Held Hostage by Heroin: Naloxone, A Life-Saving Medicine

Held Hostage by Heroin: Drug-Free School Polices

A Marshfield Clinic Center for Community Outreach and Marshfield Area Coalition for Youth column (Submitted to FOCUS)

In 2016, Wisconsin reported 827 overdose deaths. Communities can eliminate this statistic by being prepared. Naloxone (Narcan®) is a life-saving overdose prevention medicine. This medicine can be injected intravenously or sprayed up the nasal passageway to reverse symptoms associated with an opioid-related overdose. These symptoms may include drowsiness, slowed breathing or unconsciousness.  Remember to always call 911 first before administering Naloxone.

Get the facts:

  1. Wisconsin’s Good Samaritan law protects the victim (under certain circumstances) and the person seeking medical help for the victim from drug possession charges.
  2. You do not need a prescription to purchase Naloxone. You can purchase this medicine at your local pharmacy.
  3. Naloxone does not have a potential for abuse or overdose.
  4. This medicine does not work in the absence of opioids.

Learn how to recognize the signs of an overdose and how to administer this life-saving medicine. Join us for an Overdose Prevention Training on Tuesday, March 6 at Center City Church: The Orbital building. Dinner will start at 6 pm with one-hour training to follow. Childcare will be provided. Please RSVP by contacting MCHS Center for Community Outreach, 715-221-8400. Free doses of Naloxone will be distributed to participants.

Marshfield Area Coalition for Youth (MACY) is helping make Marshfield the best place to live and raise a family. MACY’s Drug Task Force is striving to reduce and prevent prescription drug abuse and heroin use. MACY is supported by Marshfield Clinic Health System Center for Community Outreach and more than 200 members representing over 35 organizations in Marshfield.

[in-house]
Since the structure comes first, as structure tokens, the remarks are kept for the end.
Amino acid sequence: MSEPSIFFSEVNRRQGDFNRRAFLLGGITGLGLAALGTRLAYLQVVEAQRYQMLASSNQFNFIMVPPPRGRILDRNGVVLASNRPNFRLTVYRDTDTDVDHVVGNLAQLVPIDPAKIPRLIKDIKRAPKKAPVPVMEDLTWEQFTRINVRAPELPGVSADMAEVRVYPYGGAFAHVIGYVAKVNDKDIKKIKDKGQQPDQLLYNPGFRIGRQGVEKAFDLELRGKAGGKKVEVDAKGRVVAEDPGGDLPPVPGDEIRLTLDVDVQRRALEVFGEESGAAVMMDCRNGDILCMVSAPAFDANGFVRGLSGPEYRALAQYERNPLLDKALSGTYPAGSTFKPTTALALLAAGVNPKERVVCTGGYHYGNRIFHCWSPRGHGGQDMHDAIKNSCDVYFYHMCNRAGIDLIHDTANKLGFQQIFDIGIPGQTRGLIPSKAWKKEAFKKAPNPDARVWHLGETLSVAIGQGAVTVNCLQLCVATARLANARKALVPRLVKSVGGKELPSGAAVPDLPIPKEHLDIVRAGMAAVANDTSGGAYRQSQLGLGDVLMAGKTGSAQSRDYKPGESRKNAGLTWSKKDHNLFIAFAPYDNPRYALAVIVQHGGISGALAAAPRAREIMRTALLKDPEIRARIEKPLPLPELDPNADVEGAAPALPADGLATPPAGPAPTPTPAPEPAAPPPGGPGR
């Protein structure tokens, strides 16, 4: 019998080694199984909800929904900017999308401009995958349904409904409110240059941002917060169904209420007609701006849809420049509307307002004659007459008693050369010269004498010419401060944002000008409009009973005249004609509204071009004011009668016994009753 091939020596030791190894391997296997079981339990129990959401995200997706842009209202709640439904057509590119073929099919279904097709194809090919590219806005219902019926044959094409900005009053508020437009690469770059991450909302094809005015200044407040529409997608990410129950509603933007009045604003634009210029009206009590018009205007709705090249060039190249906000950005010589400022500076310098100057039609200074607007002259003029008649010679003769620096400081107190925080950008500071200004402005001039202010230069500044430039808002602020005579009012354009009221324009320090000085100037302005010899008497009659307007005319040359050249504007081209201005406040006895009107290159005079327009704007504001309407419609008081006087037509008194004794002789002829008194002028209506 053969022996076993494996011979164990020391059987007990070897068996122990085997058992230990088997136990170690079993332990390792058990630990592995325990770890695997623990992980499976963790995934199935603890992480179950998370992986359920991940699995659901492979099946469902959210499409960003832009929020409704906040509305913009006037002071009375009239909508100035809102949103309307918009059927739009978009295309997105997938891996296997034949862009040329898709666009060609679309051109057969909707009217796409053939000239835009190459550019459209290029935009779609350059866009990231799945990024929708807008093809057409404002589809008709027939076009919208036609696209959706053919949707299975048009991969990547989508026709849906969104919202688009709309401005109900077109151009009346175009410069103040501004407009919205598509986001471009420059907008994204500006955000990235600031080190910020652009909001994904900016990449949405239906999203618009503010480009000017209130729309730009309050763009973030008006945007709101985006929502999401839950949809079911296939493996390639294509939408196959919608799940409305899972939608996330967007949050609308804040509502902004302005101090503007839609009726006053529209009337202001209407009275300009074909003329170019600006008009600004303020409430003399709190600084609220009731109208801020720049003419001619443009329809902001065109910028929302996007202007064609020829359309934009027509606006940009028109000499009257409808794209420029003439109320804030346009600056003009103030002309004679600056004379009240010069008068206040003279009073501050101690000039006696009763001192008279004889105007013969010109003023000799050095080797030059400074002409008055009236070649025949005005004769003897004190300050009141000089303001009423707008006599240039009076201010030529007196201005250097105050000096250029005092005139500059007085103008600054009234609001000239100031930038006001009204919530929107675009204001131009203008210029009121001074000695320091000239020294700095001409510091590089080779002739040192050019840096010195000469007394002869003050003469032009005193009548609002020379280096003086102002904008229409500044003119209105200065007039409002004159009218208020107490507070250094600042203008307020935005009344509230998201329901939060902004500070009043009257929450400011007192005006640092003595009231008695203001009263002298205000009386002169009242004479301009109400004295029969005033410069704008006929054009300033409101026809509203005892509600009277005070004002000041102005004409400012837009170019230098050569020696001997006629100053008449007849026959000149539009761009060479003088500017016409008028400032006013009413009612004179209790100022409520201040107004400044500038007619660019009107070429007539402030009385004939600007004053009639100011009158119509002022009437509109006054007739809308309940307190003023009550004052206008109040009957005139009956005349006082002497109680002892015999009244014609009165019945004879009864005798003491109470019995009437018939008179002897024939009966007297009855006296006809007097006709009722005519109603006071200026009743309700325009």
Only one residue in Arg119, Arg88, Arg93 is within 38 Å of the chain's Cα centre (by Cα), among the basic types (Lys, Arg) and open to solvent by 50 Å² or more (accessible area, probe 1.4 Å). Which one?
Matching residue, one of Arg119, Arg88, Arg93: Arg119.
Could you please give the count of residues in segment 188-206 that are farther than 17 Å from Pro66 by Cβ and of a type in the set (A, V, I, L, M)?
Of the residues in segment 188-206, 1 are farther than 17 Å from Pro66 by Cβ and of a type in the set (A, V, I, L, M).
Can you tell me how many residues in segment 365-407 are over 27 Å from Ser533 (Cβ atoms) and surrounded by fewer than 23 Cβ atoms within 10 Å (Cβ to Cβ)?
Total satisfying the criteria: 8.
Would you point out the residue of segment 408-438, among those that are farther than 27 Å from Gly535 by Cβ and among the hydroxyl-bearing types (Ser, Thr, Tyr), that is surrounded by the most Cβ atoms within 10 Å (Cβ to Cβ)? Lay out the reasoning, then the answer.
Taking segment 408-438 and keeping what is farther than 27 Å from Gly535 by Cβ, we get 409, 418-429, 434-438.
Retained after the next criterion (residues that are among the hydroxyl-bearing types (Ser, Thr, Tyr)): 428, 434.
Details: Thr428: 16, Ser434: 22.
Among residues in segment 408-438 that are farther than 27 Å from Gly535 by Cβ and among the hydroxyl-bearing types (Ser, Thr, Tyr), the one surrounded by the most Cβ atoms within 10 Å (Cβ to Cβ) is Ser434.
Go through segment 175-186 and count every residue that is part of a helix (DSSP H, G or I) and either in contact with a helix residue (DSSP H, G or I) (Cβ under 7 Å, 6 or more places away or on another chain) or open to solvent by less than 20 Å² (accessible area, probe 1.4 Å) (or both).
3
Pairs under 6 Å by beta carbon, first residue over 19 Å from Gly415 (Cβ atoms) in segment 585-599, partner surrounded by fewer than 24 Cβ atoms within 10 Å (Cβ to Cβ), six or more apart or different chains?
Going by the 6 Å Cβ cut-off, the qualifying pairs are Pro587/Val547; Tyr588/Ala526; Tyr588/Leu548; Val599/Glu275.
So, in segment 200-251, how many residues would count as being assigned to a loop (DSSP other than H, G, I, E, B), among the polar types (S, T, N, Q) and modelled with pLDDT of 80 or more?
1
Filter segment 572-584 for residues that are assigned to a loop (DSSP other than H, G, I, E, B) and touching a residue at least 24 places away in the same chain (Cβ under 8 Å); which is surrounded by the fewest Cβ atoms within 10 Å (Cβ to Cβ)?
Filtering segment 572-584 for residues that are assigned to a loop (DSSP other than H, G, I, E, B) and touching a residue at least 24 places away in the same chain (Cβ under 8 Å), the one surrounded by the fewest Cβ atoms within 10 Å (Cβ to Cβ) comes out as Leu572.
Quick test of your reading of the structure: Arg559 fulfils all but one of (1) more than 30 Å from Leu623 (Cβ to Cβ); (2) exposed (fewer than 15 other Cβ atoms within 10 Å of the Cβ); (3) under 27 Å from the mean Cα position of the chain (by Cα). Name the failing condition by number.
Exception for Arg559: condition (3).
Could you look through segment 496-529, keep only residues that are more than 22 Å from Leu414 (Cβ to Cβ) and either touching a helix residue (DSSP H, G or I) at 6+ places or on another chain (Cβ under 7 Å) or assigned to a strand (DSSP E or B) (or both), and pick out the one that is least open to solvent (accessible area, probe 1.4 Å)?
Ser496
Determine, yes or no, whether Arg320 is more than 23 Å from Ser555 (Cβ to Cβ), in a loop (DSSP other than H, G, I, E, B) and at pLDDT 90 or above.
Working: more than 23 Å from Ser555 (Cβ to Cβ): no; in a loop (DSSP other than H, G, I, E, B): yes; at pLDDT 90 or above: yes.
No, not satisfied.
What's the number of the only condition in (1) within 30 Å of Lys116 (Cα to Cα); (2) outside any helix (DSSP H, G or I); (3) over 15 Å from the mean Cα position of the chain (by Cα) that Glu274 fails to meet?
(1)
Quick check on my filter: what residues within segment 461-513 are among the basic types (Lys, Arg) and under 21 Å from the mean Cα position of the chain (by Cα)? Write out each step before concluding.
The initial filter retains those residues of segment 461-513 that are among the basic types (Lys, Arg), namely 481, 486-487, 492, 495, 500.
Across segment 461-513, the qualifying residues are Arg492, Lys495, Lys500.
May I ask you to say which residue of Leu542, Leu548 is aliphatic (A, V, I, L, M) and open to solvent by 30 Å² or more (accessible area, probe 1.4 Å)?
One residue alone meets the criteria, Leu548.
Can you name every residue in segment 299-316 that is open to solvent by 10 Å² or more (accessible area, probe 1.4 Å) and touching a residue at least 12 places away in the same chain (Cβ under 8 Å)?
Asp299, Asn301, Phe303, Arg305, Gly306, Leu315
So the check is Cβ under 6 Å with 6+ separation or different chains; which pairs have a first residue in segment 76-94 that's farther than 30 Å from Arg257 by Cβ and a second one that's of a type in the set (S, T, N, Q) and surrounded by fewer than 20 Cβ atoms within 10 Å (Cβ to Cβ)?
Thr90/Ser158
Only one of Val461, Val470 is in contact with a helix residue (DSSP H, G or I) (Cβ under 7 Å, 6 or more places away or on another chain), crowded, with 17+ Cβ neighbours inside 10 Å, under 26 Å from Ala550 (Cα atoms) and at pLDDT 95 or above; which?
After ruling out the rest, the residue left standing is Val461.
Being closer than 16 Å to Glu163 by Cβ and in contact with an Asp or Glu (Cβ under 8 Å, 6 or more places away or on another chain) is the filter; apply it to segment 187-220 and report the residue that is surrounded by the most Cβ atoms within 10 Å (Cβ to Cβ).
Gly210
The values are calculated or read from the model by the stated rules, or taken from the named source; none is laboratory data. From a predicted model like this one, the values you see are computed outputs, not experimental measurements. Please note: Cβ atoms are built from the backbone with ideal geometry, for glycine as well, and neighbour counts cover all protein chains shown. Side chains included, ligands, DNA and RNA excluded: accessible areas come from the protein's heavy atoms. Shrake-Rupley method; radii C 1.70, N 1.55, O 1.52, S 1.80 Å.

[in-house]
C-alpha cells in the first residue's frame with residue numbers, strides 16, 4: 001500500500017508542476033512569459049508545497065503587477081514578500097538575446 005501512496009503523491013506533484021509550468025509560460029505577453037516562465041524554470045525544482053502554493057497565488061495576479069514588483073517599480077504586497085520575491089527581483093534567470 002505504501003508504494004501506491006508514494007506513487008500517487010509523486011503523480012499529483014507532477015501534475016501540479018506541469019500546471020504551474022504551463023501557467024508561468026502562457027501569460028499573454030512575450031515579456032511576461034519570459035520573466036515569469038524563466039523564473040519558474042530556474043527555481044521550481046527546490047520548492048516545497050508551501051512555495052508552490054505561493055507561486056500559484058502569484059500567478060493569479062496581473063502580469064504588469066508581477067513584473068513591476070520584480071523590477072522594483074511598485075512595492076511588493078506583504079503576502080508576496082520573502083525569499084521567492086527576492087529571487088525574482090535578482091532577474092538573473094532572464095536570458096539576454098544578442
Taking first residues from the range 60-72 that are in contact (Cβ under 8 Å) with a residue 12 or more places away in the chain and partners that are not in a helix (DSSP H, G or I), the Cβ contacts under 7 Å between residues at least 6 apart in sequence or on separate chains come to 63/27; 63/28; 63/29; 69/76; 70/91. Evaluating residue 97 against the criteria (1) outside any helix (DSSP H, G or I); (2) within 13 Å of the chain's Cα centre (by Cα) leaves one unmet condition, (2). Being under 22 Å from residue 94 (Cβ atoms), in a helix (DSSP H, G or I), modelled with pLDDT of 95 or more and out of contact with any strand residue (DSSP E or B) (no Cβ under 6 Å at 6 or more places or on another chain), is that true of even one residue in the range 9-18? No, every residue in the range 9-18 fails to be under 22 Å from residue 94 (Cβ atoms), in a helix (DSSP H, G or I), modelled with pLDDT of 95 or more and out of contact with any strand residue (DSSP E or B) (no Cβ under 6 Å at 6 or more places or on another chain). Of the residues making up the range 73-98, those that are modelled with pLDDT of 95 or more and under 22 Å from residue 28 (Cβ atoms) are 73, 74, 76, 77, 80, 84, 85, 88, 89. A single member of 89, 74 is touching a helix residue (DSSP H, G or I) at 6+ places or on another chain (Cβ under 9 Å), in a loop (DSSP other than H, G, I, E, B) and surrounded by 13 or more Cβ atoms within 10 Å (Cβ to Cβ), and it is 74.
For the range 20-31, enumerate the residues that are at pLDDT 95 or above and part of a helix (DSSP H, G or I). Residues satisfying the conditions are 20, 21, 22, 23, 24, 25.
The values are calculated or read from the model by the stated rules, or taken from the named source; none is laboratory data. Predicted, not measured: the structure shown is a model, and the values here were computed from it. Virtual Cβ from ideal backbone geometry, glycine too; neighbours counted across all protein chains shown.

Ask Marshfield Police Department

Question: Why does law enforcement carry Naloxone?

Answer: Law enforcement officers are often the first on scene to incidents involving opioid overdose. In the City of Marshfield, Emergency Medical Staff (EMS) generally arrives shortly after, but in places such as, rural Wood County, EMS may be several minutes away.  Law enforcement can give life-saving doses to individuals before EMS arrives. As brief as that time may be, it can make a difference in saving a life

The growing drug culture, law enforcement is also faced with synthetic opioids, such as fentanyl. This poses significant risks to law enforcement. Fentanyl is a narcotic drug that can be absorbed through the skin or become air born and inhaled causing an overdose. By carrying Naloxone, officers can reverse the effects of overdose if they become exposed.

Schedule a MACY Drug Task Force presentation or submit “Ask Marshfield Police Department” questions to Marshfield Clinic Health System Center for Community Outreach at 715-221-8400 or email [email protected].


News Desk
Author: News Desk